Despite countless rebellions, why was there no revolution over class? The people rejected the myth of success, but one writer, Alan Dawley, argues: “electoral politics drained the energies of the resisters into the channels of the system.” So is it impossible to bring down the system from within? Can you never have enough energy once you get to the core?
Think of the American political machine as the Death Star. It has a weakness. How do we bring it down? Full frontal assault. Send people in to disable its shield, deep in the heart of the machine, and make sure people are there on the outside to fire at will. The odds aren’t ever in the rebellion’s favor, and there is no hero ball; it’s a full-scale cooperative effort. We have no Luke, but that’s okay: we can all be Luke.
This is as long as we’re not tempted by the political machine trying to suck us in as it did after the Civil War (and as it’s still doing brilliantly): “the political parties took positions, offered choices, obscured the fact that the political system itself and the wealthy classes it represented were responsible for the problems they now offered to solve.” Your boss will never save you from your subjugation, for then he can’t be your boss. Why surrender that? Instead, he’ll concede ground to you so that you never wonder why you even need a boss in the first place.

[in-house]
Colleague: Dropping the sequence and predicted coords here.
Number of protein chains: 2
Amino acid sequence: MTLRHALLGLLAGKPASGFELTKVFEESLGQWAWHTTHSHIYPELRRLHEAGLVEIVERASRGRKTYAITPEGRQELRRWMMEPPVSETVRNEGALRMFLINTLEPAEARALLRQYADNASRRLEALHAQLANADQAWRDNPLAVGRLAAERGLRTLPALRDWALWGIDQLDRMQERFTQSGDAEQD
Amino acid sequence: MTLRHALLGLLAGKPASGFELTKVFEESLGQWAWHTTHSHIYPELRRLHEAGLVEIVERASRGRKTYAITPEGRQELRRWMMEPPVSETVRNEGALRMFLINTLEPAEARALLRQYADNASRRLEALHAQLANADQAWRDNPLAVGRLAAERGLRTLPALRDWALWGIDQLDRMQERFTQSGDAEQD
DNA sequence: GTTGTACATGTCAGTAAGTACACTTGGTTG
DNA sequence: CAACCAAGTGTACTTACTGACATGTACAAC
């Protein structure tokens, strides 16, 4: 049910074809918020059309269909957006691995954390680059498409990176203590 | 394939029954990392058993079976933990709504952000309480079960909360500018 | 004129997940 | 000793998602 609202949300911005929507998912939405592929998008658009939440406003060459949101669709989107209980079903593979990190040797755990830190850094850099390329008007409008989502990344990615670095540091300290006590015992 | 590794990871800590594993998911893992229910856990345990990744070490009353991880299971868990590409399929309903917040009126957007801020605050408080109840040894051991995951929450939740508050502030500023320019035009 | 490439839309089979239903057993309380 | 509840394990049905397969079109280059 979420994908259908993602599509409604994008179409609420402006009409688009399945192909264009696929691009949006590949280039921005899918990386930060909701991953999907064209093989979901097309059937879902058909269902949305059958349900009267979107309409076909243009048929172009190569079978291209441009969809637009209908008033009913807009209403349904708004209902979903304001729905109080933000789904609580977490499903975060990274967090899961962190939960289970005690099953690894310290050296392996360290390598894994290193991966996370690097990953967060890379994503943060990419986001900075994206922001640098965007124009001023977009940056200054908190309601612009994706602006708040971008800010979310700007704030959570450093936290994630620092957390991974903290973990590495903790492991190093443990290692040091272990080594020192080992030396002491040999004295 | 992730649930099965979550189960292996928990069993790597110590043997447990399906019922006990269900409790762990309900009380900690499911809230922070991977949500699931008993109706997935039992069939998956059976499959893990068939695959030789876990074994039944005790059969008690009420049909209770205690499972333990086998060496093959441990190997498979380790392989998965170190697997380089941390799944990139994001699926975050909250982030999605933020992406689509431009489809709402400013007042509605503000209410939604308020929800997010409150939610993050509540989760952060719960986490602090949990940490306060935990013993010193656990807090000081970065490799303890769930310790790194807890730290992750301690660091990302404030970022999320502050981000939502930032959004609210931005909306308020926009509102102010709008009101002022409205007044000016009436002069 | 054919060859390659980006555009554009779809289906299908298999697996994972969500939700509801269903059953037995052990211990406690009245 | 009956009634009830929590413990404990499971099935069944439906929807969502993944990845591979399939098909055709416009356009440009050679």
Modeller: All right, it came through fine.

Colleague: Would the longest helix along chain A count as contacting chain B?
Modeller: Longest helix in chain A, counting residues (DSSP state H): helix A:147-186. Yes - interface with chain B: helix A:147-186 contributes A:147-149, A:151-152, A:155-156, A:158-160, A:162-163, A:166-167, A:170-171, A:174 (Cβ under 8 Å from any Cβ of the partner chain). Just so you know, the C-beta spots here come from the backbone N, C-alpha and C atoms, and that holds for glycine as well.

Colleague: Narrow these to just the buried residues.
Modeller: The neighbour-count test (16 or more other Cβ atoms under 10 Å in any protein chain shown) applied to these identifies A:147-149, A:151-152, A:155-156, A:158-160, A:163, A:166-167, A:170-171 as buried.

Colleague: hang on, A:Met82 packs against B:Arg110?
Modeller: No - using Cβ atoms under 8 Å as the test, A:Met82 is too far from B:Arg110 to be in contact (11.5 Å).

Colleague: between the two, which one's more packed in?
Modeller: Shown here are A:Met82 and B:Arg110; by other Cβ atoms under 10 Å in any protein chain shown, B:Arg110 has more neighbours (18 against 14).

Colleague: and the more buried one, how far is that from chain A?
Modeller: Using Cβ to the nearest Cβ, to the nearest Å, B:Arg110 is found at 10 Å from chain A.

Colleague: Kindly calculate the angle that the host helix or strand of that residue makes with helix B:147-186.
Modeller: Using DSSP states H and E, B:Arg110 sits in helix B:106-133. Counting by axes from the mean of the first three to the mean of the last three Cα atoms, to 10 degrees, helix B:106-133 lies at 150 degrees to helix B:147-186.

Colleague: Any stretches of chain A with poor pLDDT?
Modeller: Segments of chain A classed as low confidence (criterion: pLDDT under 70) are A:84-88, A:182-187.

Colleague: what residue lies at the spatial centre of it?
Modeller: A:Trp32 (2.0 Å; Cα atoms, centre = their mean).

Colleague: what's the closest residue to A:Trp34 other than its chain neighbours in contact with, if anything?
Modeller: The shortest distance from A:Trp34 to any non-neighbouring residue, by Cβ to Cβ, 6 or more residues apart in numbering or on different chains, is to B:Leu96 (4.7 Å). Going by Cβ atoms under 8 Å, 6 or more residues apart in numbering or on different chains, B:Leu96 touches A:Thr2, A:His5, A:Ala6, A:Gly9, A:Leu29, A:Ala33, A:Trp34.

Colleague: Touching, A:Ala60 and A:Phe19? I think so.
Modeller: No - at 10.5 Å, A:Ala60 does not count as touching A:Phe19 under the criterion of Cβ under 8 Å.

Law did not represent the ethics or ideals of advanced humanity; it exactly reflected, as a pool reflects the sky, the demands and self-interest of the growing propertied classes.
The circle was completed; the law had come simply to ratify those forms of inequality that the market system produced.
Checks and balances. Checks and balances. To what end?
In the thirty years leading up to the Civil War, the law was increasingly interpreted in the courts to suit the capitalist development of the country.
Ah, that’s right, the profit motive. In God we trust, but there’s a reason that’s on our money. It’s not because we honor any divine deity; we honor the greenback on which it is written. Money is God, and we entrust everything to its “care.”
If you’re inclined to consider this borderline socialist ranting, ask why you see it that way. Your vision has origins, origins you’re not supposed to question, or even think that they’re possible to question. Of course we “instinctively” oppose anything that contradicts capitalism. Capitalism is the environment in which we know survival is possible. Living versus being alive? In God we trust.
In premodern times, the maldistribution of wealth was accomplished by simple force. In modern times, exploitation is disguised – it is accomplished by law, which has the look of neutrality and fairness.
Strikes happened. The people fought back. And?
“Whatever we poor men may not have, we have free speech, and no one can take it from us.” Then the police charged, using their clubs.